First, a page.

Gardens are not just great for the environment and wildlife, but for people too!
Gardening has historically been connected to science and medicine, providing both a source of food and remedies to treat common ailments. But what about the benefits of gardening itself? An increasing body of research reveals that gardens have a positive impact on our health and wellbeing.
Does Gardening Lower our Stress Levels?
It is increasingly acknowledged that gardens and green spaces have a positive effect on our physical, social and mental health.
In 2021, the RHS revealed that those who garden every day have better wellbeing and lower stress than those who do not garden at all. Surveying over 6,000 people, the research showed a significant association between gardening more frequently and improvements in wellbeing, perceived stress and physical activity.
Gardening as a Form of Exercise
Physical exercise is essential to living a healthy and fulfilling life. It has been medically proven that people who do regular physical activity have up to a 35% lower risk of coronary heart disease and stroke.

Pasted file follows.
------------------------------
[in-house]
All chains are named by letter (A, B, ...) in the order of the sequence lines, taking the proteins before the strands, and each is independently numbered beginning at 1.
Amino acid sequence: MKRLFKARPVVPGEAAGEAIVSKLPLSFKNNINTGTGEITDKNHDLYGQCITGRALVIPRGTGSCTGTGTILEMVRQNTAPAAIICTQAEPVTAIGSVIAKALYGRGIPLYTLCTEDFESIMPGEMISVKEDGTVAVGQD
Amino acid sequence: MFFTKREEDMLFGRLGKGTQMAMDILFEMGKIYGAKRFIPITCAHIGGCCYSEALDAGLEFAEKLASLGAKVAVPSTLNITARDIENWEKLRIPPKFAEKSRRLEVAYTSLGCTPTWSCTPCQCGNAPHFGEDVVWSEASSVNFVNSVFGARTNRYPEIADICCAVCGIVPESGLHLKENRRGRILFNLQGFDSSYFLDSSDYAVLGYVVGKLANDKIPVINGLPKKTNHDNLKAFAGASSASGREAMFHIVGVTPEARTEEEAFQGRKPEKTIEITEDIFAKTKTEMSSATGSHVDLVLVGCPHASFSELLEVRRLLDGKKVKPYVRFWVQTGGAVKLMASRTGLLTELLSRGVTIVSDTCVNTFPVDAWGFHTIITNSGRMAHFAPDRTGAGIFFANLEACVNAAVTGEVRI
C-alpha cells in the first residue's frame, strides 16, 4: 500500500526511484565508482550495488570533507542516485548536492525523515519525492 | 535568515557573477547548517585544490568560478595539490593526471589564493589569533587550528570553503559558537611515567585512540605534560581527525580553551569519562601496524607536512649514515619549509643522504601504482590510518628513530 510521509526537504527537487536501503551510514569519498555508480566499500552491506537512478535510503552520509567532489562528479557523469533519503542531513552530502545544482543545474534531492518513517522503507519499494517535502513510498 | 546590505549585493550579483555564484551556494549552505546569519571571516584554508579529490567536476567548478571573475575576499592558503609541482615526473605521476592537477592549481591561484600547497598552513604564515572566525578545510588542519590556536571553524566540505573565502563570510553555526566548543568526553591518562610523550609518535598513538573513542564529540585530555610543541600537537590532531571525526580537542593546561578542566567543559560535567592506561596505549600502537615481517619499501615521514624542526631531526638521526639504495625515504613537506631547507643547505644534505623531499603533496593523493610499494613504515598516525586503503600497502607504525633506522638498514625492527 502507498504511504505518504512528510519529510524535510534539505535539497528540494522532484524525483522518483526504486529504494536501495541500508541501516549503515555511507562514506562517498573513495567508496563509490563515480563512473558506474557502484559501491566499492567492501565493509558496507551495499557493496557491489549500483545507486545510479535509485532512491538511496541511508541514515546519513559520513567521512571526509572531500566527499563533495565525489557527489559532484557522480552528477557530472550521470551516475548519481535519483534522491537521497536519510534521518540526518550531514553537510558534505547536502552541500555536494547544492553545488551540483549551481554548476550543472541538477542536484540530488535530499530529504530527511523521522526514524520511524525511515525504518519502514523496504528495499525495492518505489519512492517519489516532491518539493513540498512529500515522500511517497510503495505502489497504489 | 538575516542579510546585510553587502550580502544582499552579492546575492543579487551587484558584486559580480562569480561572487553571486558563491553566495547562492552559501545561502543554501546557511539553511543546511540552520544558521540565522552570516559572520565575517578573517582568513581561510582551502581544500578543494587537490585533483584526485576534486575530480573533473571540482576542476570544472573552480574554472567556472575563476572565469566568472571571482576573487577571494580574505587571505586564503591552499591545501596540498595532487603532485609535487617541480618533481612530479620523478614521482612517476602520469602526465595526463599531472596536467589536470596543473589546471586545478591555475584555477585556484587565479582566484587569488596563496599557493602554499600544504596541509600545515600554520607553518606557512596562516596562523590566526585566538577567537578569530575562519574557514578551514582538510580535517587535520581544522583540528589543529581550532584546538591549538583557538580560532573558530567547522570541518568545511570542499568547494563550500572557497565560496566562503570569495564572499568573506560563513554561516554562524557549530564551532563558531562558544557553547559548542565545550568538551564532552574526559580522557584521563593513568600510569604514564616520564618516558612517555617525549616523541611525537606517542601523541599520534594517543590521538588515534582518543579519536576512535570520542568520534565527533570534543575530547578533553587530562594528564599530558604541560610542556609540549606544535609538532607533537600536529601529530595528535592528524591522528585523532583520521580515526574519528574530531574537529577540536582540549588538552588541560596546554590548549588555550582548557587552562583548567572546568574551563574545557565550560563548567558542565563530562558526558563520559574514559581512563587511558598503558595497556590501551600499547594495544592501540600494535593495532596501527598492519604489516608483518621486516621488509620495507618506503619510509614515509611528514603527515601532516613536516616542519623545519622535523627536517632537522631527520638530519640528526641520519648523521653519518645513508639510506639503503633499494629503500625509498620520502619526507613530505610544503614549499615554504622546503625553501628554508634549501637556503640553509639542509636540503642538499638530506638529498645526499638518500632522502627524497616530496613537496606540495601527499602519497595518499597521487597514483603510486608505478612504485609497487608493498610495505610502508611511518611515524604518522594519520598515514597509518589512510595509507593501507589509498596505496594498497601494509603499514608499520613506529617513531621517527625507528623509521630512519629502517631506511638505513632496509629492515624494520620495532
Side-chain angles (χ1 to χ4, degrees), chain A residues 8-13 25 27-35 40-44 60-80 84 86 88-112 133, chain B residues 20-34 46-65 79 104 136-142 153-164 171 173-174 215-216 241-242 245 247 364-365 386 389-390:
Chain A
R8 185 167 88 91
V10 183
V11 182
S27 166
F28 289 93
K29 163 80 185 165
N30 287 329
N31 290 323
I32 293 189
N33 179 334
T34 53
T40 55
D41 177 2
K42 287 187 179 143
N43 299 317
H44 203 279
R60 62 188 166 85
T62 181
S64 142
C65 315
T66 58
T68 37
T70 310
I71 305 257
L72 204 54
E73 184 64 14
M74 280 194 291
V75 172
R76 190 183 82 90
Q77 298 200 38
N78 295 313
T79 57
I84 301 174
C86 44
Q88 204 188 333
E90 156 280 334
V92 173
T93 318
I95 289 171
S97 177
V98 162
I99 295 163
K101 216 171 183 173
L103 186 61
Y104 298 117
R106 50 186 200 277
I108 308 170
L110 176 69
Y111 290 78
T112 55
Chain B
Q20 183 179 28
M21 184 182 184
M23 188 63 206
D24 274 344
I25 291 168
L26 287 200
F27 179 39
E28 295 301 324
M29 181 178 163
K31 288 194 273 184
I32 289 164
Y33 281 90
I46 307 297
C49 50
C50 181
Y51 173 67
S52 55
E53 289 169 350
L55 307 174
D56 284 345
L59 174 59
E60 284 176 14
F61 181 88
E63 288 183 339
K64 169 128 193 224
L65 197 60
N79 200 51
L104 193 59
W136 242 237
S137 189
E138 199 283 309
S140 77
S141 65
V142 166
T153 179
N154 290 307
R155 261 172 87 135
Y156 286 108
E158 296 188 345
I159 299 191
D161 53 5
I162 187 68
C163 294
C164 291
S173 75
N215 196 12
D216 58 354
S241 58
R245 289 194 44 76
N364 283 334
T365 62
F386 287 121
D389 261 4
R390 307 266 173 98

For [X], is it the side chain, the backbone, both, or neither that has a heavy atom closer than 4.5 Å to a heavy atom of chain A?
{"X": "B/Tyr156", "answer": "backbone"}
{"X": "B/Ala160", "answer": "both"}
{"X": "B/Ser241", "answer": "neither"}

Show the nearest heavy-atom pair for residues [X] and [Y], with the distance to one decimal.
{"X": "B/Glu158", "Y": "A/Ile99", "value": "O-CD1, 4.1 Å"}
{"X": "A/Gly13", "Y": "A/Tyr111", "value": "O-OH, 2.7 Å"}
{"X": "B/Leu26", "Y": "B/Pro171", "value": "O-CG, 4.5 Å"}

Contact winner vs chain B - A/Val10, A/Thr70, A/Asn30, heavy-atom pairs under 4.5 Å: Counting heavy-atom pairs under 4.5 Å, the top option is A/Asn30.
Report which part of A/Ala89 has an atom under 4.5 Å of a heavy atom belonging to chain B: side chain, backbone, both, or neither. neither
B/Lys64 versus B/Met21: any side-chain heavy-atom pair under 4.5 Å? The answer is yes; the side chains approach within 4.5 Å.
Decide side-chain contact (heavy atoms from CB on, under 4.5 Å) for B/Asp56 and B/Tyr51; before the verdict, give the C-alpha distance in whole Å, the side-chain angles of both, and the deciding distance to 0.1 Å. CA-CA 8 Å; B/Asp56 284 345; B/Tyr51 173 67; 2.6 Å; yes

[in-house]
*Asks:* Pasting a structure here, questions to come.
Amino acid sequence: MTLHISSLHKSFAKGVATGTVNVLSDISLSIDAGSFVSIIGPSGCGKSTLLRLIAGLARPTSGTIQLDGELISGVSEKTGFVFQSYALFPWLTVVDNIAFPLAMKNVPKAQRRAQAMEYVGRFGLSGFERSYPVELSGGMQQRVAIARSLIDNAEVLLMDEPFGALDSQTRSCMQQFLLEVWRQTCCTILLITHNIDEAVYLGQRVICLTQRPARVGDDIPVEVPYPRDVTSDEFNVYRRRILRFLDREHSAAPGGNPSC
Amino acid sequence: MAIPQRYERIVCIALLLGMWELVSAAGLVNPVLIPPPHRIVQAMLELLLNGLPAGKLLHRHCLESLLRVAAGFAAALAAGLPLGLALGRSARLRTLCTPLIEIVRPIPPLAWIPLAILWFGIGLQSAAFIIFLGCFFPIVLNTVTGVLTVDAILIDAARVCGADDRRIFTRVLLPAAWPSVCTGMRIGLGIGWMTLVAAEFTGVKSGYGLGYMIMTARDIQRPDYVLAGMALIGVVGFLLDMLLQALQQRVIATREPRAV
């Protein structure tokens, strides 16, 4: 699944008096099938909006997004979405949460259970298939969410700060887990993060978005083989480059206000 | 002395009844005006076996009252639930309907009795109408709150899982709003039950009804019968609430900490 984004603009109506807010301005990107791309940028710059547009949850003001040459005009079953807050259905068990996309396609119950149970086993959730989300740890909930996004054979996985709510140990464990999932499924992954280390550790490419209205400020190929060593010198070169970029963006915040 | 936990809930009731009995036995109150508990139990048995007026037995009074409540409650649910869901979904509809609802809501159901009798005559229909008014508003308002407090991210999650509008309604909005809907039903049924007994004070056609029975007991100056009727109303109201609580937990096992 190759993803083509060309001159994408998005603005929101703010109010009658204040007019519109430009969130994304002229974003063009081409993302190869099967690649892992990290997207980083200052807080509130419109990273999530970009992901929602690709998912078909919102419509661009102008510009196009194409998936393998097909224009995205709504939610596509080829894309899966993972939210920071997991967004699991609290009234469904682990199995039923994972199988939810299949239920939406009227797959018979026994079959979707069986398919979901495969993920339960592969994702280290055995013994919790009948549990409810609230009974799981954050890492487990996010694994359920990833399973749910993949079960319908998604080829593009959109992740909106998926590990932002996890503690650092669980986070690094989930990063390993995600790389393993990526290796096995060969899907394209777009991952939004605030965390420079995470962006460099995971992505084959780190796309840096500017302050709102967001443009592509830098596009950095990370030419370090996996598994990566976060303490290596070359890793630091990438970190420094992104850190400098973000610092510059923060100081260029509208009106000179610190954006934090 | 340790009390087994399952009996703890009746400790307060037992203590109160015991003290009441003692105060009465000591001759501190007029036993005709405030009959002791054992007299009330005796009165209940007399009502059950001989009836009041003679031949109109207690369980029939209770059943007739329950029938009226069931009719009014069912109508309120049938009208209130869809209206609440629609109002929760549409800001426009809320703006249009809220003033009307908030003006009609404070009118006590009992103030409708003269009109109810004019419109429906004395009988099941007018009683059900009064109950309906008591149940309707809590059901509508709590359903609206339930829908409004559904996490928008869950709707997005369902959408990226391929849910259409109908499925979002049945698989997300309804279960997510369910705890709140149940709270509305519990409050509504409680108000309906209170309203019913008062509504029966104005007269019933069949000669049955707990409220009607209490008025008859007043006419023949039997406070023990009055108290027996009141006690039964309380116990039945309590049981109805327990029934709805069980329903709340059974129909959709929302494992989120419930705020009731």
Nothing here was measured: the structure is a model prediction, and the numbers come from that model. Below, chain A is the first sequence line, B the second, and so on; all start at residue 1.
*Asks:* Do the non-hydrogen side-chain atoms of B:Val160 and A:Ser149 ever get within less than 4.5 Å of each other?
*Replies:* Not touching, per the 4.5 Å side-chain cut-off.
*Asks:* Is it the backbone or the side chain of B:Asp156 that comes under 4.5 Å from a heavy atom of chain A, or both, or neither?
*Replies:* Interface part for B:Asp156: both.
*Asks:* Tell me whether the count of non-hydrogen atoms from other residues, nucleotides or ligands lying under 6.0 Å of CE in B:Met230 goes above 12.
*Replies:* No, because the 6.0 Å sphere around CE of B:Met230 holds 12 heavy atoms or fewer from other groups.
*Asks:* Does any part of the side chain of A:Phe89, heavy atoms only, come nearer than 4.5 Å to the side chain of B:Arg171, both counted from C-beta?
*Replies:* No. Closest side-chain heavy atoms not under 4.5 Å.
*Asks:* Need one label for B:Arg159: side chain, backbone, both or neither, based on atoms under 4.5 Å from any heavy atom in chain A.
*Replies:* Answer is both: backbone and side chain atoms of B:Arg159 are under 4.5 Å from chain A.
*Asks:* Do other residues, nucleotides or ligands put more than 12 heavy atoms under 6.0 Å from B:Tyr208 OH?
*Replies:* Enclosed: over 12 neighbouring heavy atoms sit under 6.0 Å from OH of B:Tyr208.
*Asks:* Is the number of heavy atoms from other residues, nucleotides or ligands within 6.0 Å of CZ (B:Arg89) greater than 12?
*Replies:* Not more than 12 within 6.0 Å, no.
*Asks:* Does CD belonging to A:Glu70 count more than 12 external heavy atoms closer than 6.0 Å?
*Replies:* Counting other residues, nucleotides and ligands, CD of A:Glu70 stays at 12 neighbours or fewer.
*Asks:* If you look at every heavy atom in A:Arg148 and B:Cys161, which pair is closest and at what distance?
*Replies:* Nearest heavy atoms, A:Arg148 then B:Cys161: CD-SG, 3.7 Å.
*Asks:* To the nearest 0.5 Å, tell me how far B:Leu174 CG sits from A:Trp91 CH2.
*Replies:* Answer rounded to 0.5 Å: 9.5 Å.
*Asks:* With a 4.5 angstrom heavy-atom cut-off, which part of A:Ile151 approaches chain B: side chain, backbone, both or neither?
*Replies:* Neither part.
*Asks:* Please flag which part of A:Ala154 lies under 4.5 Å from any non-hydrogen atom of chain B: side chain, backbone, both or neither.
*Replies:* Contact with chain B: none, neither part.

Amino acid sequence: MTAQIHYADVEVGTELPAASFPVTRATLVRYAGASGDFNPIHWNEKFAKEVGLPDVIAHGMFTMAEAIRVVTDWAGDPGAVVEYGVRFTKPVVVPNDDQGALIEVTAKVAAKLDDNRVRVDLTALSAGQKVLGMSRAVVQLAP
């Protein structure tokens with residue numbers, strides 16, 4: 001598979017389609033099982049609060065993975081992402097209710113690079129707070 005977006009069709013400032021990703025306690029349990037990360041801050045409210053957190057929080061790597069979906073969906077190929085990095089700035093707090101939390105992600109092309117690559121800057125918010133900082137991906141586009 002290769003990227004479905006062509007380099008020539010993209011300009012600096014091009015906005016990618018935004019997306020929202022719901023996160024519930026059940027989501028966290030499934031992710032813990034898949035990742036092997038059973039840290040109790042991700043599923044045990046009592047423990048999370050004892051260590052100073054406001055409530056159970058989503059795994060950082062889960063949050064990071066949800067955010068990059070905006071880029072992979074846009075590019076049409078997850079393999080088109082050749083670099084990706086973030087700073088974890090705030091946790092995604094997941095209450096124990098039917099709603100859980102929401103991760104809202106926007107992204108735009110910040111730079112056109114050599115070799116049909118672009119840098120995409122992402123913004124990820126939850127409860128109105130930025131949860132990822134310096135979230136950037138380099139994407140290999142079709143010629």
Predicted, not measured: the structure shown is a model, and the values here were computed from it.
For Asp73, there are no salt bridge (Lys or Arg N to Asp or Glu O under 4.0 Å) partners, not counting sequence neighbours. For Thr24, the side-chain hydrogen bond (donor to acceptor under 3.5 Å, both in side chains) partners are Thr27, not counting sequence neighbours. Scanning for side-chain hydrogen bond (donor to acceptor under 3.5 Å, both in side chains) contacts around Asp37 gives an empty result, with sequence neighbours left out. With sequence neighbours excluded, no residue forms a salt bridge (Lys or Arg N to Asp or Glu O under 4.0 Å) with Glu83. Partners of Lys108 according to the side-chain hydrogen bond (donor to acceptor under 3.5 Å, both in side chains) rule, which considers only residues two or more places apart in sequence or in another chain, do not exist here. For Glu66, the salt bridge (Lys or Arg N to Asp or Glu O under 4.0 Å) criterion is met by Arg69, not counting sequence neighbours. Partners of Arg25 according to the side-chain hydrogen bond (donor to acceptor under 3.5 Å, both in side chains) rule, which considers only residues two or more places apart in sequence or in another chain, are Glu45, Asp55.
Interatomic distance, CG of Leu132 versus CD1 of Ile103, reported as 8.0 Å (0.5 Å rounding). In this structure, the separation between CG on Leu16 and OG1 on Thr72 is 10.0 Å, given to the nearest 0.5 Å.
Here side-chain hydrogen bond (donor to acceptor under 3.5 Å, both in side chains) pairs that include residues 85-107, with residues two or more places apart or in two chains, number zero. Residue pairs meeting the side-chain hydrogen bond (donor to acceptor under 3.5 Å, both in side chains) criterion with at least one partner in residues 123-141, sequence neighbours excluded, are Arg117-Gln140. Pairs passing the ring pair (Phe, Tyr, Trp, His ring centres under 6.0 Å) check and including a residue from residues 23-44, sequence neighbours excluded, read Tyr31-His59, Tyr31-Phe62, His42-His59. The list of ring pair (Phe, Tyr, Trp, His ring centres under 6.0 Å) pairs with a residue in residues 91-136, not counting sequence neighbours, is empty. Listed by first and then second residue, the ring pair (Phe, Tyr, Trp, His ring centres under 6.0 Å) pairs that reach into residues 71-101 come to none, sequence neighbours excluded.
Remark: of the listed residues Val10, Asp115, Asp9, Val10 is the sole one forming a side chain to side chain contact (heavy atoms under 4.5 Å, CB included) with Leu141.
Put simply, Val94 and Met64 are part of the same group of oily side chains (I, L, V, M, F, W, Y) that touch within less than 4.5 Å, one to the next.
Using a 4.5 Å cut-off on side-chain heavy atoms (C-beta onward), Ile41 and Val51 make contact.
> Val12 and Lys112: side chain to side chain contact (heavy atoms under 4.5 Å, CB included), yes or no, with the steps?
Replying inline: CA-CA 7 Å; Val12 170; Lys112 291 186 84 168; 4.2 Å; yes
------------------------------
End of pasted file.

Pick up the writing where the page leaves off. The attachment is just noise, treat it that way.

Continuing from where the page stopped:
Physical and mental illnesses associated with our increasingly sedentary urban lifestyles have a growing economic and social cost.
Gardening plays a huge role in many people’s physical exercise journeys.
The number of calories burnt from half an hour of gardening is comparable to playing badminton, volleyball or practising yoga for an equal amount of time.
Gardeners also spend more time outside, which has a positive impact on their mental health.
Gardening Improves Mental Health
The benefits of being in the garden run far deeper than just exercise. Gardening results in a significant reduction in depression and anxiety levels and improves social functioning. It can also help to maintain independence and prevent cognitive decline.
An increasing number of GPs are prescribing gardening not only for rehabilitation but also as a preventative mechanism. Horticultural therapy can be a valuable resource for many people with physical and mental health issues.
Research from 2014 suggests that those living near to green spaces reported less mental distress, regardless of income, education and employment. Illnesses including diabetes, asthma, migraines, anxiety ad depression are all reduced in people who live within half a mile of green spaces.
Gardening plays a central role in improving our nation’s mental and physical health and wellbeing. There has never been a better time to get growing!